The Daily Item, Sunbury, PA

December 8, 2012

Helping the poor

Daily Item

---- — I wish to comment on the ill-advised "separation of church and state" doctrine as it relates to our latest election results. I know many people are either bothered or elated at the re-election of this president, and they believe the fate of the nation hangs in the balance over it. I believe both are wrong, as our fate collectively is determined by our individual choices to honor God who holds the fate of every nation (and individual) in His hand.

The work that needs to be done by true Christian churches is far more important than any government policy. I also believe that the church's mission has been totally corrupted by political doctrine. This is no more evident than among our nation's poor. The poor should not be understood solely by their lack of funds.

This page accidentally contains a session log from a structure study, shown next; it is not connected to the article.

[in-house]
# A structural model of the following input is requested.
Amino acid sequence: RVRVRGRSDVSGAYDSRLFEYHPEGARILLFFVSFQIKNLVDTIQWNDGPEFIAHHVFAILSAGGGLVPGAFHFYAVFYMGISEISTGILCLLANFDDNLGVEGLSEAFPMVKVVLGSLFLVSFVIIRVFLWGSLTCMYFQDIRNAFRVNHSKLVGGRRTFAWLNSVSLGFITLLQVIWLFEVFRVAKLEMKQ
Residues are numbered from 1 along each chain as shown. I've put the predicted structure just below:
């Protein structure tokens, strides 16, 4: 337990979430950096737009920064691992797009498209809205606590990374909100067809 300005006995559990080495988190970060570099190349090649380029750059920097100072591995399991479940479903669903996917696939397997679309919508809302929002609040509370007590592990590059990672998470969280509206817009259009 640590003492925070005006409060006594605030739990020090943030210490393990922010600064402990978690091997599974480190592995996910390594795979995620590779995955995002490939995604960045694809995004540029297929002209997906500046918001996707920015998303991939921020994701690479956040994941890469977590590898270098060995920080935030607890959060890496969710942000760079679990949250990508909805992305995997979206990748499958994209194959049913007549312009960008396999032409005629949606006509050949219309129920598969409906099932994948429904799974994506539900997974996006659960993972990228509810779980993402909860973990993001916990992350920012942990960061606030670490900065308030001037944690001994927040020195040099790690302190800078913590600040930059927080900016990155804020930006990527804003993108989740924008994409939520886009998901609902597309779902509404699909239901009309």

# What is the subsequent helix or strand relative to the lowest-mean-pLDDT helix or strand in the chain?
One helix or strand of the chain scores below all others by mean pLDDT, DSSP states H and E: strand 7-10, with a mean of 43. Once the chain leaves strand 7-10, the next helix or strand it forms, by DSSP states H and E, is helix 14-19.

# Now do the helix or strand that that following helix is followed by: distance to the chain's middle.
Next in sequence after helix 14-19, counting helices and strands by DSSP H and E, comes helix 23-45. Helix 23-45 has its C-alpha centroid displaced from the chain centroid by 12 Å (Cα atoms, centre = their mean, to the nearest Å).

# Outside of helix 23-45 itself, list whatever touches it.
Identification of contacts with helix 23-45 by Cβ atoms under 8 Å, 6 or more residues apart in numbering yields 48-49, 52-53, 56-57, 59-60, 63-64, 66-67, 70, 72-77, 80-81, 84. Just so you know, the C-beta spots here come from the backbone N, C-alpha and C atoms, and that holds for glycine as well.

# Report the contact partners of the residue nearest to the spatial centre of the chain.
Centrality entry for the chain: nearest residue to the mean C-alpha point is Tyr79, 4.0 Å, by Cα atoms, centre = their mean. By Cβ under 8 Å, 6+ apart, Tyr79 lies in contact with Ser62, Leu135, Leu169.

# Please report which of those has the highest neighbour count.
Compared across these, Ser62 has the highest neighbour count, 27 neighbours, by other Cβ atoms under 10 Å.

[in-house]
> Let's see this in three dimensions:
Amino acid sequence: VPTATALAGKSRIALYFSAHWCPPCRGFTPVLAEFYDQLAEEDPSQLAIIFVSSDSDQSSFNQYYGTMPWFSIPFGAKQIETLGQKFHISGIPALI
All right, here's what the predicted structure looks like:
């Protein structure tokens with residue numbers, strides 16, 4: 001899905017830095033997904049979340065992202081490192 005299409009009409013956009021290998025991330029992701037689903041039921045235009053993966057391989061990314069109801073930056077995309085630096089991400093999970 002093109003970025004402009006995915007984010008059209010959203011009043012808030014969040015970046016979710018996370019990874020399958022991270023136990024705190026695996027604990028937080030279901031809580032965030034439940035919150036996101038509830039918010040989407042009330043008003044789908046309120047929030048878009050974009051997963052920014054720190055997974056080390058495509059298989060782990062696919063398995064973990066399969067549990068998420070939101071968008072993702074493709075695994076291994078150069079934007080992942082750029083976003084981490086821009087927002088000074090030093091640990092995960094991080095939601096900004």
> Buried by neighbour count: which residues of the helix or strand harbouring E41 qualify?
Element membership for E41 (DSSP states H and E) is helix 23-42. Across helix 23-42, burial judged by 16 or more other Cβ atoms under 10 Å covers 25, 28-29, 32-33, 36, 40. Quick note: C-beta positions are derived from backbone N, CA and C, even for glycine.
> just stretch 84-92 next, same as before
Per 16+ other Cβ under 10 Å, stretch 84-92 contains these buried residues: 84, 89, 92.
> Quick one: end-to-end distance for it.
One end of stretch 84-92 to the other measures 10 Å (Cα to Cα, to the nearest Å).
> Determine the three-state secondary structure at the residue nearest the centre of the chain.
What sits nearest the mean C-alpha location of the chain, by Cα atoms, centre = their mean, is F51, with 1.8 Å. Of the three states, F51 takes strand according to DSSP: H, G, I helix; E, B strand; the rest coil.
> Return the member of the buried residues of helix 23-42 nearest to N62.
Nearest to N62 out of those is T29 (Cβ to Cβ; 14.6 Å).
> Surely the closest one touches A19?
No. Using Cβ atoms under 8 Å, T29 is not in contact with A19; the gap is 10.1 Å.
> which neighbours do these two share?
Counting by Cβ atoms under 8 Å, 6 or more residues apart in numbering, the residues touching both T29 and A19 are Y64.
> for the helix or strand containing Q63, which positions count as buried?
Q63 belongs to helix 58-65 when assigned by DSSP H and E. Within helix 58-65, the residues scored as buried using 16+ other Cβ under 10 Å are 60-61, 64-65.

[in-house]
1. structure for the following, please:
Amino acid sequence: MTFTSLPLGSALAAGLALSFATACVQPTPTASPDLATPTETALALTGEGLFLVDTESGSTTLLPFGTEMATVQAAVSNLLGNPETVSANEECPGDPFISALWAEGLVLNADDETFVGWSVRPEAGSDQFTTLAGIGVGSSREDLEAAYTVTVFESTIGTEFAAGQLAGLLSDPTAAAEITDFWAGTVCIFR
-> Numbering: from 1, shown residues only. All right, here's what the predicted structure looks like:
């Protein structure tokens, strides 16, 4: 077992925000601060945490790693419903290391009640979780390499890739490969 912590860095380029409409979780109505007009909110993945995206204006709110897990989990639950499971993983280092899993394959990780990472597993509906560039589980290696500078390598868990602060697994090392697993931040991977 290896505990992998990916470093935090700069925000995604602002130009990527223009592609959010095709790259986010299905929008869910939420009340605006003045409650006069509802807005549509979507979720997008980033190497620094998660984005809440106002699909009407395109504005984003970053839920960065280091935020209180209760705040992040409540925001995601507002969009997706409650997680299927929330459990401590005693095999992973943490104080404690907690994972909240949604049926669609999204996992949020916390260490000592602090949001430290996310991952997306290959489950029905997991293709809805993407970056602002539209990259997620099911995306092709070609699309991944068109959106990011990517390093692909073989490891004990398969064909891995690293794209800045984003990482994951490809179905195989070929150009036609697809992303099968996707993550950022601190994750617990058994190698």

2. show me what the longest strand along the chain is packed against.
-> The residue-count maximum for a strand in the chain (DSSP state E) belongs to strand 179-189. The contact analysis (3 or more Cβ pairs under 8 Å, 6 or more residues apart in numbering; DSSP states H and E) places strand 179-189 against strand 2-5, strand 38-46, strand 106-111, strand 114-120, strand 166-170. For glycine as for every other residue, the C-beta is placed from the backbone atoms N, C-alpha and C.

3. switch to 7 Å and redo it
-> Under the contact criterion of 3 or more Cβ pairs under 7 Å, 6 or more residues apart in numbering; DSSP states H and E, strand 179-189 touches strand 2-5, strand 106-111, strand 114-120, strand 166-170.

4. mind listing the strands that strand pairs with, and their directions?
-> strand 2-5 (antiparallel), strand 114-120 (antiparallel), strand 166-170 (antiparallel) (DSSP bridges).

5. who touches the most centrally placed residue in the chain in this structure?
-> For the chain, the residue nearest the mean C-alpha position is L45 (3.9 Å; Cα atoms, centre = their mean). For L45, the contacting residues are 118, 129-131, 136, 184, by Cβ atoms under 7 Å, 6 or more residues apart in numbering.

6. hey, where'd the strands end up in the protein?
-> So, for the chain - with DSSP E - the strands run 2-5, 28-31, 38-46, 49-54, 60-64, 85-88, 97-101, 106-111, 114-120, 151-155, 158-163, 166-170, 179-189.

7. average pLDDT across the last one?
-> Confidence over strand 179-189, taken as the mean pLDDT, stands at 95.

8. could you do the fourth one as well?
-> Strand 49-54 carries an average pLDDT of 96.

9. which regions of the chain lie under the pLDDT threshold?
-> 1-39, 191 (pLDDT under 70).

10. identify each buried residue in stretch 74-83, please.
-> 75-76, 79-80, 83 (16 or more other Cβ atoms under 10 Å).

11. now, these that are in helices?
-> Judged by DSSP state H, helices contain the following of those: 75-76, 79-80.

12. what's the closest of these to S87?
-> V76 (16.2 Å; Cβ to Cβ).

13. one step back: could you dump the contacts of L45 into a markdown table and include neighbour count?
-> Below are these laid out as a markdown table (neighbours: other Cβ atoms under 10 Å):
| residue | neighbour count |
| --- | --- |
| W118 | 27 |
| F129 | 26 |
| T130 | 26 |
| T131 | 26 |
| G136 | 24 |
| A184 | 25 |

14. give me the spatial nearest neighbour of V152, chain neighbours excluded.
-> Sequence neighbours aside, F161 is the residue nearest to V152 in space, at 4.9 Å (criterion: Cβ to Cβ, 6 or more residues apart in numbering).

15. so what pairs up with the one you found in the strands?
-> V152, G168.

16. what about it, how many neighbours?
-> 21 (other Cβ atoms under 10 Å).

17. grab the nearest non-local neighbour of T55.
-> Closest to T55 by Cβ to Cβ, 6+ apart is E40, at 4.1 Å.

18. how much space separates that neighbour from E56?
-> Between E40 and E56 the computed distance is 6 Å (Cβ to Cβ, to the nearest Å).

This is the Democratic Party's definition of such and their solution has been to simply re-allocate funds from those who have more. They have done this with the blessings of many religious leaders. The result has been that over the last 40 years, the poor have far more access to material goods and gadgets once considered the reward for the hard work of a middle class lifestyle.

This in itself is not a bad thing. The problem however, is the lack of concern over any desire to improve oneself beyond acquiring stuff. Many church people I speak to agree there is an entitlement mentality among the poor, who have no use for anyone unless they can give them stuff unconditionally. There is increasingly little interest in taking responsibility to improve one's education, personal outlook, work ethic, or economic decision making.

Incidentally, the alternative response of the Republicans and their trickle-down economics holds no hope to the massive problems this poses to our societies future success. The sheer number of people who don't possess the skills to even take basic responsibility for themselves, or who understand self-sacrifice for their own future prosperity is staggering. We are already over a cliff. Only by reintroducing Christian work ethics, life skills, and values back into our society, especially among the poor and disenfranchised, will we find any real hope for our future as a nation.

Joseph Martin,